Courtesy of WOWSA, Huntington Beach, California.
The sport of professional marathon swimming has continued to evolve over the years. Currently, the FINA 10KM Marathon Swimming World Cup and the FINA Open Water Swimming Grand Prix are two worldwide professional marathon swimming series that are sanctioned under the auspices of the FINA and organized by the local race directors. The rules and regulations have been standardized and the prize money (up to US$40,000 per race) is guaranteed with the distribution of the cash prizes awarded equally to men and women.
But, it was not always so in the history of professional marathon swimming. For decades, there was a constant struggle between the local race directors who were looking to remain solvent and the athletes who were committed to making marathon swimming their profession and livelihood.
Similar to many corporate management and labor battles worldwide, the back-and-forth dynamics between the race directors and the athletes is dependent upon strong personalities and committed leaders.
During the 1970’s and 1980’s in the years just prior to the professional marathon swimming circuits been sanctioned by FINA, one legendary swimmer from Argentina greatly helped both the athletes and the sport. Claudio Plit, an inductee to International Marathon Swimming Hall of Fame and a winner of every major marathon swim in the world, was held in the highest respect by his fellow competitors and race directors alike.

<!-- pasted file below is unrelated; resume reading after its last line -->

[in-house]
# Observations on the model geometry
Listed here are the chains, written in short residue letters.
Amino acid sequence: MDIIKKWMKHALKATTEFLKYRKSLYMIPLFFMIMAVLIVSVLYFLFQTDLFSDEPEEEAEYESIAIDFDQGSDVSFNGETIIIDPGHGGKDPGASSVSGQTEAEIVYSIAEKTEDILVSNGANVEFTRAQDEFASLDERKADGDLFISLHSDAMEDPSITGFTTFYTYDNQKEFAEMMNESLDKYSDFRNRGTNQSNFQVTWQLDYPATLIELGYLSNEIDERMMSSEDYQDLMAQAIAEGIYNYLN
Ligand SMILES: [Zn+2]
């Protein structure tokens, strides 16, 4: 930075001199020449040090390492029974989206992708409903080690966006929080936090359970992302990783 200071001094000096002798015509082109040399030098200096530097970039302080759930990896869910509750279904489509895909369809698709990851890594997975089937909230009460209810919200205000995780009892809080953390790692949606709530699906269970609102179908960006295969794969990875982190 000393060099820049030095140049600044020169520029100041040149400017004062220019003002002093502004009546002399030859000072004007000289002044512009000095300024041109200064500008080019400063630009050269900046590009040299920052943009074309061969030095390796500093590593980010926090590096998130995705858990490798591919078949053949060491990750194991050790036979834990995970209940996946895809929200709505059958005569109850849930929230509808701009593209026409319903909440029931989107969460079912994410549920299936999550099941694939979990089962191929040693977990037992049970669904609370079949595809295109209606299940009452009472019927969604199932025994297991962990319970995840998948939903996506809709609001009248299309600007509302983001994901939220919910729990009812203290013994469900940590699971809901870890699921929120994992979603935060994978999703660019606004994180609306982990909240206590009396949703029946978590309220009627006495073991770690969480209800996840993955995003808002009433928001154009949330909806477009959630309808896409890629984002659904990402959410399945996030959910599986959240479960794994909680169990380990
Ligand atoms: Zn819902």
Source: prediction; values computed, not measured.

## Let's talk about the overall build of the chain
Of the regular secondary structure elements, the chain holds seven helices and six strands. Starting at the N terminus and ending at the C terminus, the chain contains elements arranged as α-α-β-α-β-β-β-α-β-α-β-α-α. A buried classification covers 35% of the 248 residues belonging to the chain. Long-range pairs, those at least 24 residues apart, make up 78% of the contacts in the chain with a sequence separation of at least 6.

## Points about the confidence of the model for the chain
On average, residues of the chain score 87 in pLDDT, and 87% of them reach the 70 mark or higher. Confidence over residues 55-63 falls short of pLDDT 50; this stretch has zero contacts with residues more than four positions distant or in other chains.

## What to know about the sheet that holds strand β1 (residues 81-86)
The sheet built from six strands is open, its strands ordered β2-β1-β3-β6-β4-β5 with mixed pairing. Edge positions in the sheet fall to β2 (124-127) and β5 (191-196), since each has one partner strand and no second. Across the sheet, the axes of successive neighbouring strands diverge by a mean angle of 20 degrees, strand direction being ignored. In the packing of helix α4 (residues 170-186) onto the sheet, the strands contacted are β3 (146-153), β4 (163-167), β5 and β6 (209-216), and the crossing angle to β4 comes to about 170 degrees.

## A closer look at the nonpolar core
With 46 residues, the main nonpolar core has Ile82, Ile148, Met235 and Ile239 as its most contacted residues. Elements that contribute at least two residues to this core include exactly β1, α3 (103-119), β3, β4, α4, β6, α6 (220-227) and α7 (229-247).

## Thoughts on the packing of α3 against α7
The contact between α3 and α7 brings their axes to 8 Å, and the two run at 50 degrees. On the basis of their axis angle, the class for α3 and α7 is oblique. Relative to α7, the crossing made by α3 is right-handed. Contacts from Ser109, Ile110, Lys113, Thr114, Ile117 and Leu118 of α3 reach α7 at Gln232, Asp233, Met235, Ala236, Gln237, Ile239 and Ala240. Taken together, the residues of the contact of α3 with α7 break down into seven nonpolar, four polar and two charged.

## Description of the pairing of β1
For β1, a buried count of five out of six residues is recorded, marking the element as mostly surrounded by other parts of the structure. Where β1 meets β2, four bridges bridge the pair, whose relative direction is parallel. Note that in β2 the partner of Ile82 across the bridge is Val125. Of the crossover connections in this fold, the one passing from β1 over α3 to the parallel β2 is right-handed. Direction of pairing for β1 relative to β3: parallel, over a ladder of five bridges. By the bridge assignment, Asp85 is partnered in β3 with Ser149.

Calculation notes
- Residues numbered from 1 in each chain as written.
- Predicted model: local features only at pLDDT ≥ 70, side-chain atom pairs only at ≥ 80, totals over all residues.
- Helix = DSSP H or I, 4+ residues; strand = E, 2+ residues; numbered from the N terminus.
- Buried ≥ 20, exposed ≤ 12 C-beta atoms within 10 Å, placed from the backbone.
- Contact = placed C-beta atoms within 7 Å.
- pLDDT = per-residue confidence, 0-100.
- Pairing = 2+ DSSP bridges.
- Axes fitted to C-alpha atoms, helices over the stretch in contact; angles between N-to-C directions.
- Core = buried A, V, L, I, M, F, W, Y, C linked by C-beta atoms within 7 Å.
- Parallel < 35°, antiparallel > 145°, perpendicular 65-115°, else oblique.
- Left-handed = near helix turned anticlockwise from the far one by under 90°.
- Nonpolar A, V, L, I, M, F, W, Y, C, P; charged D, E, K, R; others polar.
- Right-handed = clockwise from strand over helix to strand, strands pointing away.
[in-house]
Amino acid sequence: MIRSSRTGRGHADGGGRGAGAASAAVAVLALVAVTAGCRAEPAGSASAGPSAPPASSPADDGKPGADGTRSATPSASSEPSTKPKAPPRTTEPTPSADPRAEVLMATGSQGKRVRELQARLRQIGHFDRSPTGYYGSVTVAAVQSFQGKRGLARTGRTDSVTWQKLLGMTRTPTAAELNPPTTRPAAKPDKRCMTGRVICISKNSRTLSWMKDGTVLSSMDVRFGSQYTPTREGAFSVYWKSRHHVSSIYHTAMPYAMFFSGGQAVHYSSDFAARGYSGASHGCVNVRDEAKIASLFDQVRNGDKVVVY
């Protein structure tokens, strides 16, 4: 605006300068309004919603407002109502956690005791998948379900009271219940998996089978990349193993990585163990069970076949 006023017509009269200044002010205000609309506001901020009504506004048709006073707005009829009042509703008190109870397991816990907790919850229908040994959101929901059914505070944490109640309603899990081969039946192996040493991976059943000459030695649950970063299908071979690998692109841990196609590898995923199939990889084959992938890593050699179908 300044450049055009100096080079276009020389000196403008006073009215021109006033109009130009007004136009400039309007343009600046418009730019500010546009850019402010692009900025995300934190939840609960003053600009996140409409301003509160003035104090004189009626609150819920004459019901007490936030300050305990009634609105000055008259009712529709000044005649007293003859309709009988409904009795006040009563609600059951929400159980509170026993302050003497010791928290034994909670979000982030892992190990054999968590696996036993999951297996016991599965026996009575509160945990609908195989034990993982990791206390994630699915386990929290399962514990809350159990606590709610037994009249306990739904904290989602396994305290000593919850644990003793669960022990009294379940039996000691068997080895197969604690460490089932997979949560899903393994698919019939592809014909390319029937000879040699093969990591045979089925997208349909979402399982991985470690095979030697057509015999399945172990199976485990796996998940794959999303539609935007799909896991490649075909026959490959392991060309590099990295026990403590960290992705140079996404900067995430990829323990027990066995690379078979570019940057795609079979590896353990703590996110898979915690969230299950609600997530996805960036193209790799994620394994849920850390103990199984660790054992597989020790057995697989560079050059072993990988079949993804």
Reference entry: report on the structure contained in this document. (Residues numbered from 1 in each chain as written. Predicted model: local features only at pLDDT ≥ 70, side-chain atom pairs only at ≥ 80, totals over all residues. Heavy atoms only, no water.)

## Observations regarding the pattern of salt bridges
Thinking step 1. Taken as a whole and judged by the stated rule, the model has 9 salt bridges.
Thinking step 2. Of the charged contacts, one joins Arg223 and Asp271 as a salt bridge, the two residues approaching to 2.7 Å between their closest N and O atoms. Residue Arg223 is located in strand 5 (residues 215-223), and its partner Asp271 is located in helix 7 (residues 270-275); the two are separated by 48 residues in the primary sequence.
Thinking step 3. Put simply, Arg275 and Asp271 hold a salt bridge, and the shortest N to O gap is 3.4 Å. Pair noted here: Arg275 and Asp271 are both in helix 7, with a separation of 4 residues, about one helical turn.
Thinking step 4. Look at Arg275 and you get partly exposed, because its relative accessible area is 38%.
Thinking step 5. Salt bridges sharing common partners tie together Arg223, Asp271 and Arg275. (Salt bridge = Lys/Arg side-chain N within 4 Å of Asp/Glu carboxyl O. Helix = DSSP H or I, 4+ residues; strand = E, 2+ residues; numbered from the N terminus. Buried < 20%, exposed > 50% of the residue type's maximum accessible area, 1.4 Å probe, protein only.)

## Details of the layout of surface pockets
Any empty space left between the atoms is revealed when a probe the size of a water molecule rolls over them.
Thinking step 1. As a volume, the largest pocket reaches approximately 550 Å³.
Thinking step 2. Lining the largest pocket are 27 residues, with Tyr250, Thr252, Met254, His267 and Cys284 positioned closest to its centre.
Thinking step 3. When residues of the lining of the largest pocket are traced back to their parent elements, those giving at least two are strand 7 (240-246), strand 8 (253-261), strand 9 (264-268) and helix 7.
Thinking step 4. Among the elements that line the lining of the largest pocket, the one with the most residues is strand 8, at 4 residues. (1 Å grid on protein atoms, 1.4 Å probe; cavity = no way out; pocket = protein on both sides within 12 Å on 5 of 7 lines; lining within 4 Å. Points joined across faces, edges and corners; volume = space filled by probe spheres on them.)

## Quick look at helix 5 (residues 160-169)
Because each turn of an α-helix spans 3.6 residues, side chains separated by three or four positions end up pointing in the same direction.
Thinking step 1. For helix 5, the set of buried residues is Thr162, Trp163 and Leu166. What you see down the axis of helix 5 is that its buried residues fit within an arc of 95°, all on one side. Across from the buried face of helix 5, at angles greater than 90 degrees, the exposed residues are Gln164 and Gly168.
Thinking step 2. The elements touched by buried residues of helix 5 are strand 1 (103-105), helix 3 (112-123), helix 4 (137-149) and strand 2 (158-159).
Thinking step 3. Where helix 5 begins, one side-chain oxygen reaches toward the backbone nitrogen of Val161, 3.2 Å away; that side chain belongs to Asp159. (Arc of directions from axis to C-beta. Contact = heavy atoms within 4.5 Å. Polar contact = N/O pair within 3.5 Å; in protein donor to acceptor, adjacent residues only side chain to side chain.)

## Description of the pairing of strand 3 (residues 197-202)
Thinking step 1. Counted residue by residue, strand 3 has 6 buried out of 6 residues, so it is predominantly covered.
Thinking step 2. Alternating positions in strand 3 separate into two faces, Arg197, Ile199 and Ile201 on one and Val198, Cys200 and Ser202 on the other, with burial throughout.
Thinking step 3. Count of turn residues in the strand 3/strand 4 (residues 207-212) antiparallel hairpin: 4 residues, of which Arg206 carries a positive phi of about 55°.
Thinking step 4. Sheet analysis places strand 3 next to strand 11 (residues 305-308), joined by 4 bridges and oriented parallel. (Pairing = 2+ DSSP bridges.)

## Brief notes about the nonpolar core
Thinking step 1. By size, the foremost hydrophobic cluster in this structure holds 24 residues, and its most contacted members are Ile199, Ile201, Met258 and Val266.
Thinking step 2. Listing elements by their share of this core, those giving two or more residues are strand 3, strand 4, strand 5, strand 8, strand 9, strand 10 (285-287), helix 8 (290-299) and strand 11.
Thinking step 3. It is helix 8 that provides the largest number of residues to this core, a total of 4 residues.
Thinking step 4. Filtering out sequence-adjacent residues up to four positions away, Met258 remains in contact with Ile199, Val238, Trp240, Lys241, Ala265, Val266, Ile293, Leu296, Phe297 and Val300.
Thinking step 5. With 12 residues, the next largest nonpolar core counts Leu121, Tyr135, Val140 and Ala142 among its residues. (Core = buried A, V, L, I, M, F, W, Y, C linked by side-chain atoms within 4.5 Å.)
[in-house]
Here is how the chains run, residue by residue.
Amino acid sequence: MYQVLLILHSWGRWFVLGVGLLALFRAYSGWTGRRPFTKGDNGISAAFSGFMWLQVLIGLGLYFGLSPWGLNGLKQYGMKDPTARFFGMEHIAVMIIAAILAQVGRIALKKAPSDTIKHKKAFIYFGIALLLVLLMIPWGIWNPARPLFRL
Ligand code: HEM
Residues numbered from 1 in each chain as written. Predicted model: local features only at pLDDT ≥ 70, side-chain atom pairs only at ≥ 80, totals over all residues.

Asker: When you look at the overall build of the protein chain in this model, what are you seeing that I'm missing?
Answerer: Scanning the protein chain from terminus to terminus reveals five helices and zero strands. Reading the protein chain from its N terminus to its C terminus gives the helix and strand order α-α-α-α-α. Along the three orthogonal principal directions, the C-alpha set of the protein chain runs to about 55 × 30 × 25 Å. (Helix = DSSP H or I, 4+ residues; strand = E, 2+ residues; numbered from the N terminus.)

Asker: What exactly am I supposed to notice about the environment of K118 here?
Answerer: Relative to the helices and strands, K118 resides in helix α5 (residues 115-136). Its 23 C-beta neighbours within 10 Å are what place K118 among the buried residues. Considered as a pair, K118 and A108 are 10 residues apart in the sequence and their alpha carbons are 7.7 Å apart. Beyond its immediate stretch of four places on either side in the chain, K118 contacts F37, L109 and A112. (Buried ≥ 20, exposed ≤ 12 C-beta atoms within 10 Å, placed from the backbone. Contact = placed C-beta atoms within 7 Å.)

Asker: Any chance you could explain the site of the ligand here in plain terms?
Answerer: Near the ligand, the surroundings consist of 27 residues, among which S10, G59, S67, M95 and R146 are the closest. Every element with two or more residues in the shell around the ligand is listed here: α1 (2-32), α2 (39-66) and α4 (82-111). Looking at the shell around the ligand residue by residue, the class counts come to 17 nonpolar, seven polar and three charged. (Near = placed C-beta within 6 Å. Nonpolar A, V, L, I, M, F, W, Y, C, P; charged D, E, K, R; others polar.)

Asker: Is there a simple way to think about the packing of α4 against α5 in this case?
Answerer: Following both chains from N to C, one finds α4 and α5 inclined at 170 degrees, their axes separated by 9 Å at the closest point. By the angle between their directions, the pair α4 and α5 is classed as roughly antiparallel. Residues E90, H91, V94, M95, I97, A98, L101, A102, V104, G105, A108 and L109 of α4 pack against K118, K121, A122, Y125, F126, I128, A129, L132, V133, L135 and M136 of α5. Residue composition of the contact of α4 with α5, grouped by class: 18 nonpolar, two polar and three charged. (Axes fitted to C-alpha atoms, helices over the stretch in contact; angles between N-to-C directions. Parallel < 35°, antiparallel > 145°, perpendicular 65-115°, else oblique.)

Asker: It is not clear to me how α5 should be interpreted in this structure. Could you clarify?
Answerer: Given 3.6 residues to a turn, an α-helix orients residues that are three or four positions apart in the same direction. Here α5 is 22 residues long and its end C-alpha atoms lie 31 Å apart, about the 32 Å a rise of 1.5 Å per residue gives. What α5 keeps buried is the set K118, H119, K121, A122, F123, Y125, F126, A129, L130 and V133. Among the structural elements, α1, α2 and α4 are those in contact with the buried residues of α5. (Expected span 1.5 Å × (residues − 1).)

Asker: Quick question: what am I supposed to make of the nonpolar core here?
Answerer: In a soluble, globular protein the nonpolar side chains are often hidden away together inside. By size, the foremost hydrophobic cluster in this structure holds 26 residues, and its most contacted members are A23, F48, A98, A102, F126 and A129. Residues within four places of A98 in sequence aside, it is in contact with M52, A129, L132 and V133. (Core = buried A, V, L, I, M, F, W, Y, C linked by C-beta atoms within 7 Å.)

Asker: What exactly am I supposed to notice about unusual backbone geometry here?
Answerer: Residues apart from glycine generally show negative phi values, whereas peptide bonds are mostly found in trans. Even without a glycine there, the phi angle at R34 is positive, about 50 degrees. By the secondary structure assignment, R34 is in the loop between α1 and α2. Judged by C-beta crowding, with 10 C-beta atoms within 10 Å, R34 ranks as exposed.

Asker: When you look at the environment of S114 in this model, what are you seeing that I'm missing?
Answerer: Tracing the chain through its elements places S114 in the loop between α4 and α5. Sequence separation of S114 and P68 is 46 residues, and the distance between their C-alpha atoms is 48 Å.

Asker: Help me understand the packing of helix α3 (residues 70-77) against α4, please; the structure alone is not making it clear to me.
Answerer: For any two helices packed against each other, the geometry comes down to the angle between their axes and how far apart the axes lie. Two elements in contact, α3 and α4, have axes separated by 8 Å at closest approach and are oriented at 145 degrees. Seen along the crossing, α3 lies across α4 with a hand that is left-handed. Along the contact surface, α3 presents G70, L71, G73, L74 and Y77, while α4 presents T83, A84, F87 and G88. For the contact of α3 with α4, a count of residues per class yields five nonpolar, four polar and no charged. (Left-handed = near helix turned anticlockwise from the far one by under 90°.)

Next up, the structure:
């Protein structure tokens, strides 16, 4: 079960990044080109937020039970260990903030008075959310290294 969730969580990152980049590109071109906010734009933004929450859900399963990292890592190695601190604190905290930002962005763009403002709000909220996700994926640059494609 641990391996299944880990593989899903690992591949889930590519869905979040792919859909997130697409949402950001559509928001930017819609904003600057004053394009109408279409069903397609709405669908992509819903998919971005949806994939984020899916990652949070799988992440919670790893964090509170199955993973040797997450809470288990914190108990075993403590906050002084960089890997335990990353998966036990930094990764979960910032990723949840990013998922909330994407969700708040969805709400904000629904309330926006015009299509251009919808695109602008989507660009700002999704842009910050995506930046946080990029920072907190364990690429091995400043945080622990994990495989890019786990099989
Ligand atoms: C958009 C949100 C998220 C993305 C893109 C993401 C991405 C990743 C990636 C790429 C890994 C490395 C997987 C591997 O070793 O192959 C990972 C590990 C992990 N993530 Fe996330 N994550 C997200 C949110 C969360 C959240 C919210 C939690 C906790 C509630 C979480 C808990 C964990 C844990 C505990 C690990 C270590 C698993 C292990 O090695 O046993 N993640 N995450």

But Plit still had to negotiate the prize money on behalf of the athletes. Many times on the pro circuit, he was negotiating the total purse right up to the morning of the race. It usually turned out that whatever Plit could hammer out with the race directors was accepted by all. The older pro swimmers still remember the time when Plit was on the pier, in his swim suit and goggles, at a pro marathon in Paspébiac, Quebec, Canada negotiating the prize money as his fellow competitors were jumping into the frigid sea for the start.
It is on the shoulders of these pioneers that the sport has developed over time.
Copyright © 2008 by World Open Water Swimming Association